“Obtaining the right amount of materials was a main challenge because we needed many thousand square feet of veneer, and it all had to be Mahogany, which is difficult to source,” said Rios. “National Wood Products did a great job getting us access to the materials we needed, because it had a clear understanding that this was going to be a different type of project with so much material. It was a beneficial job for all parties.”
The veneers were key to providing a consistent look to all of the finished goods, and each sheet went through an extensive approval process with New World Millworks. Dietrich Veneers in Portland, Ore., supplied the veneers, and owner Bud Dietrich personally selected the specific logs and flitches sorted for color and grain. He noted that the quartered Khaya with little to no striping was a difficult challenge to overcome for this project. Timber Products Company particleboard was used as the core for the Mahogany panels, which were manufactured at the company’s Grants Pass facility.
“At the beginning of the day, we always had our material,” said Rios. “National and Timber Products thought outside the box when materials proved difficult to source, and they were able to deliver large amounts when we needed it. Maintaining a stockpile of materials was vital because we were able to get material the next day every time. The two companies worked hand in hand to get that done.”
In addition to the hardwood plywood panels, the finish was a make-or-break component of the job. With so much material, Rios said that maintaining a consistent, quality finish throughout was important.
Like many government building projects, the facility required sustainable building materials. The courthouse’s design incorporated the use of Forest Stewardship Council (FSC) certified wood, low-volatile organic compounds-emitting materials, recycled materials, water-efficient landscaping, construction waste management and construction activity pollution prevention.
“Timber Products Company has years of experience working with government and public projects. Producing the Mahogany panels for the courthouse using No Added Urea Formaldehyde particleboard core to meet sustainable requirements was something we have done frequently,” said Vice President Roger Rutan. “As the economy picks back up, we are seeing more requests for these types of materials, so it helps that our certifications and manufacturing processes are designed to fulfill those needs.”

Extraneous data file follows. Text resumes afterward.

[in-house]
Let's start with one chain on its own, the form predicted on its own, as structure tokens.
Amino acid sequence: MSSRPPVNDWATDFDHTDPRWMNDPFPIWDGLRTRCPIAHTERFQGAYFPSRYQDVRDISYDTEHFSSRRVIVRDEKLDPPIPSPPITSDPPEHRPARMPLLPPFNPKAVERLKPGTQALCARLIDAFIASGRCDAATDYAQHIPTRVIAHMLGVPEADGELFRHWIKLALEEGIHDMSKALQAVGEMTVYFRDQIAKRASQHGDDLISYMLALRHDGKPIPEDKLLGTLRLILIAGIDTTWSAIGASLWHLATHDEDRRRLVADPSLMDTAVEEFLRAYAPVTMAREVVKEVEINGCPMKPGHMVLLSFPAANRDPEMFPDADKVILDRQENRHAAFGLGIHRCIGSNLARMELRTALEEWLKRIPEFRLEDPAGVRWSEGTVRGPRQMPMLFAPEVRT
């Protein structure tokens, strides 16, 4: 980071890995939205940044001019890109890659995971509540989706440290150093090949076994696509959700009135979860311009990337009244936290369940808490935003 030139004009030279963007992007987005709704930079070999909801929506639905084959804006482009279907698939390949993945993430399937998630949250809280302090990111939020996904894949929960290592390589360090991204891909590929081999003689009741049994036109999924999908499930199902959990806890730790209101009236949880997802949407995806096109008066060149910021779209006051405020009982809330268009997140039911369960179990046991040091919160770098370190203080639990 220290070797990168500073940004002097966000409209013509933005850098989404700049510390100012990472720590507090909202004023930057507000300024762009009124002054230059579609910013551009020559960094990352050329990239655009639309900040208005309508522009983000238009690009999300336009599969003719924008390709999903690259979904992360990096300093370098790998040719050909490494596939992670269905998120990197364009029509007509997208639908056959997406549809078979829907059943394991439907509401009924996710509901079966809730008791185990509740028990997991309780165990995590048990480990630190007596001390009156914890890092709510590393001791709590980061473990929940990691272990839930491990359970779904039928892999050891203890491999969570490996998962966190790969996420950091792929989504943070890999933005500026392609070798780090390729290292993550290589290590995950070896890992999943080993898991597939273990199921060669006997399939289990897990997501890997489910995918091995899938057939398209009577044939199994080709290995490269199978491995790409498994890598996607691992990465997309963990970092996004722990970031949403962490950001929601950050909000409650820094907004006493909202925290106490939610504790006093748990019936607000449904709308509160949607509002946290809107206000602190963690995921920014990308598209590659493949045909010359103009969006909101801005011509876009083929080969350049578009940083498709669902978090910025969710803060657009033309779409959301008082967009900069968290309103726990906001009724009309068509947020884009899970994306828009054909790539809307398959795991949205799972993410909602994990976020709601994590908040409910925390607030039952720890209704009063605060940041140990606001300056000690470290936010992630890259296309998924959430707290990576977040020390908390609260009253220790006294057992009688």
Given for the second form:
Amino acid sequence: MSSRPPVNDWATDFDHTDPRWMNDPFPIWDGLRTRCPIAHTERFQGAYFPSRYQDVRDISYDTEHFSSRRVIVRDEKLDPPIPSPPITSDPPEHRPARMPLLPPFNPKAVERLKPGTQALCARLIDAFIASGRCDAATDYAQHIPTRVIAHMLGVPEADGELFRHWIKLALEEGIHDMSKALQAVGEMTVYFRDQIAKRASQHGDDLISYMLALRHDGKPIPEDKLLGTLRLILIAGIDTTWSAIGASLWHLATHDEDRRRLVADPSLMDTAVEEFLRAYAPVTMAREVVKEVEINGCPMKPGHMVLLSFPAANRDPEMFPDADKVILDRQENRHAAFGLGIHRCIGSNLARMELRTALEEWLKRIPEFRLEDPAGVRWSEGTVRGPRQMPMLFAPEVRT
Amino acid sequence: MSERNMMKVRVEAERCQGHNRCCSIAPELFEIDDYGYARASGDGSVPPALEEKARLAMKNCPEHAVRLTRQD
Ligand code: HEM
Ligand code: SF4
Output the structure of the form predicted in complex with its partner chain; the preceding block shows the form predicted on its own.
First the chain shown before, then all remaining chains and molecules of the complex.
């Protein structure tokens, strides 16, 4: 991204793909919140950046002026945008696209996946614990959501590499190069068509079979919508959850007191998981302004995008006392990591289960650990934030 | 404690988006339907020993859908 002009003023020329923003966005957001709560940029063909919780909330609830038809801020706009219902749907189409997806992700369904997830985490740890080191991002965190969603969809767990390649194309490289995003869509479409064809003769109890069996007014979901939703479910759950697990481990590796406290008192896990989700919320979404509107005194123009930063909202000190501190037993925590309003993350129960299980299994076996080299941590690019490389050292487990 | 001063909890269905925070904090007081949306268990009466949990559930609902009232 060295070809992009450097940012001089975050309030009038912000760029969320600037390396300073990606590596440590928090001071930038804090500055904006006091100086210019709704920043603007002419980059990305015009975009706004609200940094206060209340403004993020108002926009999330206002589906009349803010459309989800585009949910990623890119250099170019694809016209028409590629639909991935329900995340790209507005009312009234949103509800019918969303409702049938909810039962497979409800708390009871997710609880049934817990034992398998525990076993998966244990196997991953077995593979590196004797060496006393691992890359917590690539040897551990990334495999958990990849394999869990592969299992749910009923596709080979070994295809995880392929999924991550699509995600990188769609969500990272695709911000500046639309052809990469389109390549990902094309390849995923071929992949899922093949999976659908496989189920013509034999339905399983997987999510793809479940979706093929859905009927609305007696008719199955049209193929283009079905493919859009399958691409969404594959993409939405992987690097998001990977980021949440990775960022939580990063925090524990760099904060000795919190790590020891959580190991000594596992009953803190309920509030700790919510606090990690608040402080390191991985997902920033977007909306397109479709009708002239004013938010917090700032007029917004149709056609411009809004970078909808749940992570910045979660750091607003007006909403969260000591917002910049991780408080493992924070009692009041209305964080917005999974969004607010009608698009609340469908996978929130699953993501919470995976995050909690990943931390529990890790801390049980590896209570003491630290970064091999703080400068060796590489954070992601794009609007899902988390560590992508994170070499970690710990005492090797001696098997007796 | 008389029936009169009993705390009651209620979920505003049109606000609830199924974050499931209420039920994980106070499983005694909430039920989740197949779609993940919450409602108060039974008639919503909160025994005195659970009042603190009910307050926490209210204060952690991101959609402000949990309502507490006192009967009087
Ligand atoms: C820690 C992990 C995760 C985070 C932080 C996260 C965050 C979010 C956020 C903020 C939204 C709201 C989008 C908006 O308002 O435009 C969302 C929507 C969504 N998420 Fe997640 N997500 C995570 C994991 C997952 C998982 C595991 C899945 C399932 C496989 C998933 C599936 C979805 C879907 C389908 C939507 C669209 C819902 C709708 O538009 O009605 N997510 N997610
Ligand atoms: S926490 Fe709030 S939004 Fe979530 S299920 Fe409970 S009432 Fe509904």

After more than a year of work, the judicial center opened last December and received tremendous feedback from the local community and the judges.
“I was able to speak with a few judges and they were really excited about the quality of work in their chambers and the detail we offered,” said Rios. “It is a big upgrade from what they had before.”
For New World Millworks, the courthouse also served as a training ground for learning how to work on large projects and be part of a coordinated, integrated team of suppliers like framers, plumbers and electricians.
“It was a learning experience to understand that the up-front process is crucial to the success of our jobs,” said Rios. It made us re think how we send work to our shop floor.
“It was a big sense of relief when the facility opened,” he continued. “The team really pulled together to get the job done. Seeing it all go together and how it worked was definitely breathtaking.”
*This article was originally published on Woodworking Network's "Panel Talk".